Canadian retailers still playing ‘catch-up’

New research from KPMG highlights a need to adapt to widespread digital and demographic changes.

New research by KPMG shows many Canadian retailers are “still playing catch-up” when it comes to meeting evolving shopper expectations driven by technological disruption and demographic changes.

The firm’s 2018 “Me, My Life, My Wallet” report explores the various forces driving change across the retail landscape. Its findings are based on a global survey of 25,000 consumers across eight countries, including Canada, and supplemented with consumer interviews and a follow-up survey of 4,900 global consumers.

“Recognition is only half-way to doing something, and too many Canadian retailers are not keeping pace with the fact that consumers and their shopping habits are undergoing a sea-change,” said Willy Kruh, consumer and retail national leader for high growth markets at KPMG Canada, in a release.

The consultancy notes that there is an increasing number of shoppers, especially in the Gen Y and Z demographics, who are turning to online channels, driven by the need for greater convenience and personalization. While Canadian ecommerce adoption is not as widespread as it is the U.S., the U.K. and other parts of Europe, online sales are expected to continue growing year-over-year. Currently, they represent roughly 10% of all retail sales in the country.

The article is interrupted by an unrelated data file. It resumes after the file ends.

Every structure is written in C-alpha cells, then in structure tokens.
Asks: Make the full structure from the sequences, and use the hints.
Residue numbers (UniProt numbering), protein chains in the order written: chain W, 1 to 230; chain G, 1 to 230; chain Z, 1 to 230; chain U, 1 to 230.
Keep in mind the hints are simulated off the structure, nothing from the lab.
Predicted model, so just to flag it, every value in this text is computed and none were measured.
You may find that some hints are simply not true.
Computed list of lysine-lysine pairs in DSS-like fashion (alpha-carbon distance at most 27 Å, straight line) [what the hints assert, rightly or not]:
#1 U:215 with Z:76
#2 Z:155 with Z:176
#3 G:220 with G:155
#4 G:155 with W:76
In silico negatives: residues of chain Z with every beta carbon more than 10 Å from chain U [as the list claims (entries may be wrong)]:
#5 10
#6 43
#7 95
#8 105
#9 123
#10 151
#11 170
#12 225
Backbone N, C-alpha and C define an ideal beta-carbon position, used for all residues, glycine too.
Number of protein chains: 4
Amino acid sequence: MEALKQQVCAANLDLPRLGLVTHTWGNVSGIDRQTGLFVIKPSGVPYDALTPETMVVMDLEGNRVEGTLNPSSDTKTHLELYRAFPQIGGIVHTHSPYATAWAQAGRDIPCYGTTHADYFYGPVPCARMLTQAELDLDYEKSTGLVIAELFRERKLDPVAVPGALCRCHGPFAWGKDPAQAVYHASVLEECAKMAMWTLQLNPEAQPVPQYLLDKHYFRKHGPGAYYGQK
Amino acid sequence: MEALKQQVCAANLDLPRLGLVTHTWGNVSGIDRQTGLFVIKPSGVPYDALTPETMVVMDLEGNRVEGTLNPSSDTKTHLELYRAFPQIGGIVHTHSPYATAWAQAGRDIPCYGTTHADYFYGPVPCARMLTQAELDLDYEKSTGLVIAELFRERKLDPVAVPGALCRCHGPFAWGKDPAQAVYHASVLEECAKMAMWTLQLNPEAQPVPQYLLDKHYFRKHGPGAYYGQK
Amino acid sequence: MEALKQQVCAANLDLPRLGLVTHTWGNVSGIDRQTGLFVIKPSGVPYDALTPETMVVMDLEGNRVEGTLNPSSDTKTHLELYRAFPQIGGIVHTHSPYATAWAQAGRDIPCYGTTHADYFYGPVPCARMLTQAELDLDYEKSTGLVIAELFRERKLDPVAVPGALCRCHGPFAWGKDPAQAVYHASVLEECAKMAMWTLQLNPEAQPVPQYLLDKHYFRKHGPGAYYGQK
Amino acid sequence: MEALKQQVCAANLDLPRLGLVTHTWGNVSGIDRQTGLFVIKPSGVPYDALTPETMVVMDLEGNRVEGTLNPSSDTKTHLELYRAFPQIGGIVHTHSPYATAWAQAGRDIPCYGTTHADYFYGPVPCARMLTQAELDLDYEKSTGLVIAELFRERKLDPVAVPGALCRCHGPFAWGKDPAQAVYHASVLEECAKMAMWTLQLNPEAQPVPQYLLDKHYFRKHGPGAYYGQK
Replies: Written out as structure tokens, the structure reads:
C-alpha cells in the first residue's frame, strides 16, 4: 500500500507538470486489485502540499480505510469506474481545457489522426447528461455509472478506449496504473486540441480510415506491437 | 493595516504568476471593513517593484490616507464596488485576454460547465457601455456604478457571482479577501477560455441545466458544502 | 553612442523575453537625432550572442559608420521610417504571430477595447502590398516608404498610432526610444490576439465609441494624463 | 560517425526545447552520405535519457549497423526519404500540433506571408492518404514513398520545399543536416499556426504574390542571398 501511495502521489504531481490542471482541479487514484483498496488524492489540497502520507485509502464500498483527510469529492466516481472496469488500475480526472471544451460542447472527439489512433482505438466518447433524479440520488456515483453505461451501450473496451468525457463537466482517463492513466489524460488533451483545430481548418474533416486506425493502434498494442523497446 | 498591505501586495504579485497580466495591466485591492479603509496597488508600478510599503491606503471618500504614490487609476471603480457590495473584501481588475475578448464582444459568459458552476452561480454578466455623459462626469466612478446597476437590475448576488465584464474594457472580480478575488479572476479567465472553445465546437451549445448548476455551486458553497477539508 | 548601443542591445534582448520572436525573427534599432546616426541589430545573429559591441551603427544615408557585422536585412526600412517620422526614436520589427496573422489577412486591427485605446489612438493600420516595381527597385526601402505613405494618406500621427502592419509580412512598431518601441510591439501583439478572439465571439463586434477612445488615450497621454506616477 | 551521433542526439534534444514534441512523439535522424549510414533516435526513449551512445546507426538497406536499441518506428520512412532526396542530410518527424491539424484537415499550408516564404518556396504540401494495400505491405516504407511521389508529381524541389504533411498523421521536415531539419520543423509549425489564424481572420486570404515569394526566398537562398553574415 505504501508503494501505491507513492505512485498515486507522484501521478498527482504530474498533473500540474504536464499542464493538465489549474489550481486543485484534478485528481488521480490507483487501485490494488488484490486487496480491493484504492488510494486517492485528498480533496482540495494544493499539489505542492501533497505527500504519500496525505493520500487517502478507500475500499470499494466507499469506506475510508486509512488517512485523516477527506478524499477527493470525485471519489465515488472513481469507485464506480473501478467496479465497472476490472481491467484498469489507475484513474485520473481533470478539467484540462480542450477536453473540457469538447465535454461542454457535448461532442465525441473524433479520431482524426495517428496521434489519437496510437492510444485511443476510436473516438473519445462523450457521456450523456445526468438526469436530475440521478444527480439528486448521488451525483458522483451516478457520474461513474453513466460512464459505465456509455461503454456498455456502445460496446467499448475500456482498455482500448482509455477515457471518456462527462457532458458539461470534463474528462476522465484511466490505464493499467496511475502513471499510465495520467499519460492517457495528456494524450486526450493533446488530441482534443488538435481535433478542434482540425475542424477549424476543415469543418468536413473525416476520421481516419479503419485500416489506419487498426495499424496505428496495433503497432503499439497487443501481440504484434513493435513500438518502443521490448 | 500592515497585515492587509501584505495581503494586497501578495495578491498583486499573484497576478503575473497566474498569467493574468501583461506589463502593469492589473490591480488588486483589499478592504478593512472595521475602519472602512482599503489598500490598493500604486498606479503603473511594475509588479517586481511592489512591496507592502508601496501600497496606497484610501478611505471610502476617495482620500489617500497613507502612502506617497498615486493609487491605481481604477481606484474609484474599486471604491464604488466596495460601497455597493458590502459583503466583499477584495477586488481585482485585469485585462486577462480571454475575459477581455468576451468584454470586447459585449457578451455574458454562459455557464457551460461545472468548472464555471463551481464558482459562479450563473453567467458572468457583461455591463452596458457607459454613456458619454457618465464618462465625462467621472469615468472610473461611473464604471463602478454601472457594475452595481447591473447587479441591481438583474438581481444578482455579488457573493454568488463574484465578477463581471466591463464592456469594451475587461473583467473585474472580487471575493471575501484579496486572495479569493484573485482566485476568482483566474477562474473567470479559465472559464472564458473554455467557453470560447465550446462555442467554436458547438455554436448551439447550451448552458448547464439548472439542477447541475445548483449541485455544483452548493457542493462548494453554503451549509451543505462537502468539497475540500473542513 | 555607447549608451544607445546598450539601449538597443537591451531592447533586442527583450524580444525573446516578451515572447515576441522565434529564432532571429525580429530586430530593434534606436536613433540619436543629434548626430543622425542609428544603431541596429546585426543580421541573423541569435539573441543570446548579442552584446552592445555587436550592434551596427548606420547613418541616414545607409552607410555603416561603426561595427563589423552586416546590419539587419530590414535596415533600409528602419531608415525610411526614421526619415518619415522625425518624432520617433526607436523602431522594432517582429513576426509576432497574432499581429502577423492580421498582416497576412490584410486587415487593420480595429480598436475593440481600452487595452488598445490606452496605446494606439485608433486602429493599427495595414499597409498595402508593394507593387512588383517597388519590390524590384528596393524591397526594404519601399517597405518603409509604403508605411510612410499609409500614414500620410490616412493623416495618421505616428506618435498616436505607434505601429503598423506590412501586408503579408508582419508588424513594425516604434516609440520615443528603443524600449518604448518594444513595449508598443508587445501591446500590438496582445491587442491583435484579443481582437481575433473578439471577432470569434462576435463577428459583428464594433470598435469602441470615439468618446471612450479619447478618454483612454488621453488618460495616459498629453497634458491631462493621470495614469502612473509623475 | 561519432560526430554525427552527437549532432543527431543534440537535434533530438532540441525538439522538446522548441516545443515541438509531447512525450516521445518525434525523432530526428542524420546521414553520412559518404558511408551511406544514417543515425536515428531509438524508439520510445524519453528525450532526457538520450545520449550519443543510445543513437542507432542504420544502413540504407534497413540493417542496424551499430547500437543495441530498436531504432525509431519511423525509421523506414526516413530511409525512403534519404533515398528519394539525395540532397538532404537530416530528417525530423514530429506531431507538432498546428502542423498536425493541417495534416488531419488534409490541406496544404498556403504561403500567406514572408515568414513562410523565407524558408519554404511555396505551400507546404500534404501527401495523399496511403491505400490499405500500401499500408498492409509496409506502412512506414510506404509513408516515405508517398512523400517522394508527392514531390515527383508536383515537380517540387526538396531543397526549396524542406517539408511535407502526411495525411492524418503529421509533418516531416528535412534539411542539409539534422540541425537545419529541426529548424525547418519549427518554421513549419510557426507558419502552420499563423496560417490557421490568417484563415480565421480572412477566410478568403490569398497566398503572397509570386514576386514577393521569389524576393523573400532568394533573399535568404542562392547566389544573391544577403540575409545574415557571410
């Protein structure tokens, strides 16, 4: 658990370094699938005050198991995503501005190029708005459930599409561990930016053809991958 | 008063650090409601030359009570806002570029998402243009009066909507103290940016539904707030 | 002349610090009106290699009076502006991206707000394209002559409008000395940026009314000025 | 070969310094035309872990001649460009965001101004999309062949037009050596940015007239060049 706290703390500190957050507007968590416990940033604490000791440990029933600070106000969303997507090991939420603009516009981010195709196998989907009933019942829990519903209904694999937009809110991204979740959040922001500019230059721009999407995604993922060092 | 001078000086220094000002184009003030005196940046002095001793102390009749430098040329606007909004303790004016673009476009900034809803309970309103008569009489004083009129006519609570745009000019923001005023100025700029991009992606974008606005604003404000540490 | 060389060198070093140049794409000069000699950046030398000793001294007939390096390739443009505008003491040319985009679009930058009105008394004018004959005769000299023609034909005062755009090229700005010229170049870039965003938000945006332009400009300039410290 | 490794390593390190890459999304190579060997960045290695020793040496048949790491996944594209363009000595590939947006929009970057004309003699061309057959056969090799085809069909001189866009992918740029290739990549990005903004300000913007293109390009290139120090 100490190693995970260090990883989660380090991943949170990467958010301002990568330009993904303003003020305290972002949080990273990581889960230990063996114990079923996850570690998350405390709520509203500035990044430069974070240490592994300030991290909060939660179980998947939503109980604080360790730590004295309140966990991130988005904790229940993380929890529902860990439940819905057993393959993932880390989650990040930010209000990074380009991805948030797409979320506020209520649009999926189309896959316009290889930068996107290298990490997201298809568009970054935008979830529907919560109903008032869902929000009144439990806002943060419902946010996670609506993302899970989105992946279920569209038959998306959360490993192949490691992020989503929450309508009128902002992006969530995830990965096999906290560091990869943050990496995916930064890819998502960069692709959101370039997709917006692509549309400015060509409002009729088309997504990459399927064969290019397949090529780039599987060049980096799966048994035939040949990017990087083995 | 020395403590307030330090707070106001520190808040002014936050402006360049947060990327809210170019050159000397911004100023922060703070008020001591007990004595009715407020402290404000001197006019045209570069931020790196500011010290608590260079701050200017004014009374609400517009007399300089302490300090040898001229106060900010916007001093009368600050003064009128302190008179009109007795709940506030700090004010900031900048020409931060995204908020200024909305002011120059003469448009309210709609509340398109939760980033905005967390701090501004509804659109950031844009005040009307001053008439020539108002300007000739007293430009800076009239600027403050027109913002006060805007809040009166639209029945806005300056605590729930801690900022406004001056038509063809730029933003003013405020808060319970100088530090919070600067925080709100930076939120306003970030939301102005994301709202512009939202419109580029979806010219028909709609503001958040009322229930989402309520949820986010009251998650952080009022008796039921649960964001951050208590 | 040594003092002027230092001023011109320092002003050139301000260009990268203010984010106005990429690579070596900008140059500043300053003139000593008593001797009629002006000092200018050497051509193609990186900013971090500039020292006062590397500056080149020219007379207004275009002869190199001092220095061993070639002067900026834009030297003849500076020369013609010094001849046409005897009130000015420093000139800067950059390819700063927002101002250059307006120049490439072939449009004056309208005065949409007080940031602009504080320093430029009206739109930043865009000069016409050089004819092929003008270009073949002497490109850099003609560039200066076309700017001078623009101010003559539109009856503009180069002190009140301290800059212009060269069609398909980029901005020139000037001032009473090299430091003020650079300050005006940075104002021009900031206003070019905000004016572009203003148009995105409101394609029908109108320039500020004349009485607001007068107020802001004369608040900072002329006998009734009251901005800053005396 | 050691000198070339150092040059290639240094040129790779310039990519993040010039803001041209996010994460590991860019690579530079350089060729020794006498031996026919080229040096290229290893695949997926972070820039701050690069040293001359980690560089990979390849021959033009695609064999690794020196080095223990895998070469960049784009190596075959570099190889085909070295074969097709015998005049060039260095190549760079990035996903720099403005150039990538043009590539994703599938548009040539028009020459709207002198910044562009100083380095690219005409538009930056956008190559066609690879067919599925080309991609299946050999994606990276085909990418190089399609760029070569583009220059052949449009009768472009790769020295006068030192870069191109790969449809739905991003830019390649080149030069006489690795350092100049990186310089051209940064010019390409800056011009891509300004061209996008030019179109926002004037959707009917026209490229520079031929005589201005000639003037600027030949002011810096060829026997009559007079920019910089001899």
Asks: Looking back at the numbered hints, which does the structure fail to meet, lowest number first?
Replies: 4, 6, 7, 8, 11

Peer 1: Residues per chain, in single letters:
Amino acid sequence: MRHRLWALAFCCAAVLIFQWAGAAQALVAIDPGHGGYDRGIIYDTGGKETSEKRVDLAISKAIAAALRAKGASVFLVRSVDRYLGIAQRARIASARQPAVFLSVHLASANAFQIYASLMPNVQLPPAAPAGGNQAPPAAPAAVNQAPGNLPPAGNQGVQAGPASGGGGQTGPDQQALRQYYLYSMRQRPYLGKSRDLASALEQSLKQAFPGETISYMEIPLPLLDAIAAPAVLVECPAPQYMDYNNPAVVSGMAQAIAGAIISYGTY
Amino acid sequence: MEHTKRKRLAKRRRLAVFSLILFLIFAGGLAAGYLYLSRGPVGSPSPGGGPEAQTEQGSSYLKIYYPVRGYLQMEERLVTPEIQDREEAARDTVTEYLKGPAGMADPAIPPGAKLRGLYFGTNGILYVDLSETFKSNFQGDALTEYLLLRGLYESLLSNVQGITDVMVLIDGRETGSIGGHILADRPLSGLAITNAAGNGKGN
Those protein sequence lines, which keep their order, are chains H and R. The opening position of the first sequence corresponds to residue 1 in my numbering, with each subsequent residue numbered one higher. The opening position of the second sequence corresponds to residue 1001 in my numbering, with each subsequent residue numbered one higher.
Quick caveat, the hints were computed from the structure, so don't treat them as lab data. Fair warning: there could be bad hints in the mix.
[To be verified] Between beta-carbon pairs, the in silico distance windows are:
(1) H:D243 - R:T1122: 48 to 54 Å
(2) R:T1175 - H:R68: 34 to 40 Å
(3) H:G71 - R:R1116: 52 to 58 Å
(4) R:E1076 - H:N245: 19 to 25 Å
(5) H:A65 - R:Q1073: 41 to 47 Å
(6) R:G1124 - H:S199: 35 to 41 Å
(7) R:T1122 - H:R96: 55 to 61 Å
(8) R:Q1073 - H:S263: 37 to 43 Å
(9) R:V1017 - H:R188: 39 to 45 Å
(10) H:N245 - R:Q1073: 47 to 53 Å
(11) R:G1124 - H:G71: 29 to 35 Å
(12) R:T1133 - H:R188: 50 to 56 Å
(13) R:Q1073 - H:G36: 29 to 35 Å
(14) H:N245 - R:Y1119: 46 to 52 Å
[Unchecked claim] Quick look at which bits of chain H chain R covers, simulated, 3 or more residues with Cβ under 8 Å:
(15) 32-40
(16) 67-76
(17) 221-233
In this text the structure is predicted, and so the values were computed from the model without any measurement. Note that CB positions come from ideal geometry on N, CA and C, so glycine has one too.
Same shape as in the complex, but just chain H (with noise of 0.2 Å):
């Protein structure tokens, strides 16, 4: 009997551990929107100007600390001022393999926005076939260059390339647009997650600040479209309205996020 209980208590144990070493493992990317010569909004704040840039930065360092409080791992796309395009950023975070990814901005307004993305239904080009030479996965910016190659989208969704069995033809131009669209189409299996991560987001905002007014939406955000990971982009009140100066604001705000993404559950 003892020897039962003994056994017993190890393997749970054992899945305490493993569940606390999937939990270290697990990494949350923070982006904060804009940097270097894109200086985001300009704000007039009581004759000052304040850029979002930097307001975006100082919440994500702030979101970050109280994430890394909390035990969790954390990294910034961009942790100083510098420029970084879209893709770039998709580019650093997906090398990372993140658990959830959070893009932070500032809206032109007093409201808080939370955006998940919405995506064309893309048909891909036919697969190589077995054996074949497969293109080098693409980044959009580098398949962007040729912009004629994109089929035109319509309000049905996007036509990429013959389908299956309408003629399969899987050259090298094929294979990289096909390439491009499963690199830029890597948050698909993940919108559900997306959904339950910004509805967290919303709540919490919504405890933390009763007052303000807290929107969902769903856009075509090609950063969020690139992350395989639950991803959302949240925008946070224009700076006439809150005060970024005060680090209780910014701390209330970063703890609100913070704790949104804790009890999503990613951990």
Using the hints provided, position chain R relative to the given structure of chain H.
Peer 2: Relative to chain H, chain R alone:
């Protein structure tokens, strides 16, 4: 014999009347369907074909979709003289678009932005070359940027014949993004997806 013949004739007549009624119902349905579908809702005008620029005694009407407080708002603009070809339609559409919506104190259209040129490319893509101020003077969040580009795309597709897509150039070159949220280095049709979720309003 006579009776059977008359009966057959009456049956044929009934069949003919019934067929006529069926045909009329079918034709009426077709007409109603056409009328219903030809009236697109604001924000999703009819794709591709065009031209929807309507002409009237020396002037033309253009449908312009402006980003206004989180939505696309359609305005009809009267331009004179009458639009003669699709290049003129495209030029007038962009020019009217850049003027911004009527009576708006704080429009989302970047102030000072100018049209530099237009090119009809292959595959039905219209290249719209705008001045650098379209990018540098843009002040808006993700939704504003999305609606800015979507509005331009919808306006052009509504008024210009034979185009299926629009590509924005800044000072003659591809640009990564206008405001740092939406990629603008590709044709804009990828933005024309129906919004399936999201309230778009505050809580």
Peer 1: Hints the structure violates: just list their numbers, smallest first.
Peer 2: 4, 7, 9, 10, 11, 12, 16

Widespread demographic changes have also been disrupting the retail landscape. The shopping habits of millennials, four in 10 of which live with their parents, have been “rubbing off” on their Boomer parents and has resulted in a merging effect between the two demographics that is reshaping the retail sector, according to KPMG.

On the data front, Canadian consumers have shown themselves to be the least trusting in the world when it comes to their personal data: more than 30% of those surveyed said they would never trade their data for anything and 46% said they are concerned about the “unauthorized tracking of their online habits.” That has translated into a widespread mistrust of retailers, with only 6% of Canadians saying they would trust companies with their data.

Adoption of ecommerce may be influenced by their impressions of bricks-and-mortar stores. According to the survey, 71% of consumers said they believe physical shops will not disappear, and the majority of consumers continue to have of traditional malls and grocery stores, in particular. Consumers said they not only prefer buying food, clothing and household goods in store, but purchased those items in store most frequently.

Finally, while KPMG found that more companies are using social media as a sales platform, 42% of consumers in Canada do not find the channel important for brands – higher than in other markets including in the survey. The one exception may be for discounts, with 48% of Canadians saying they would respond positively to deals and discounts delivered through social media.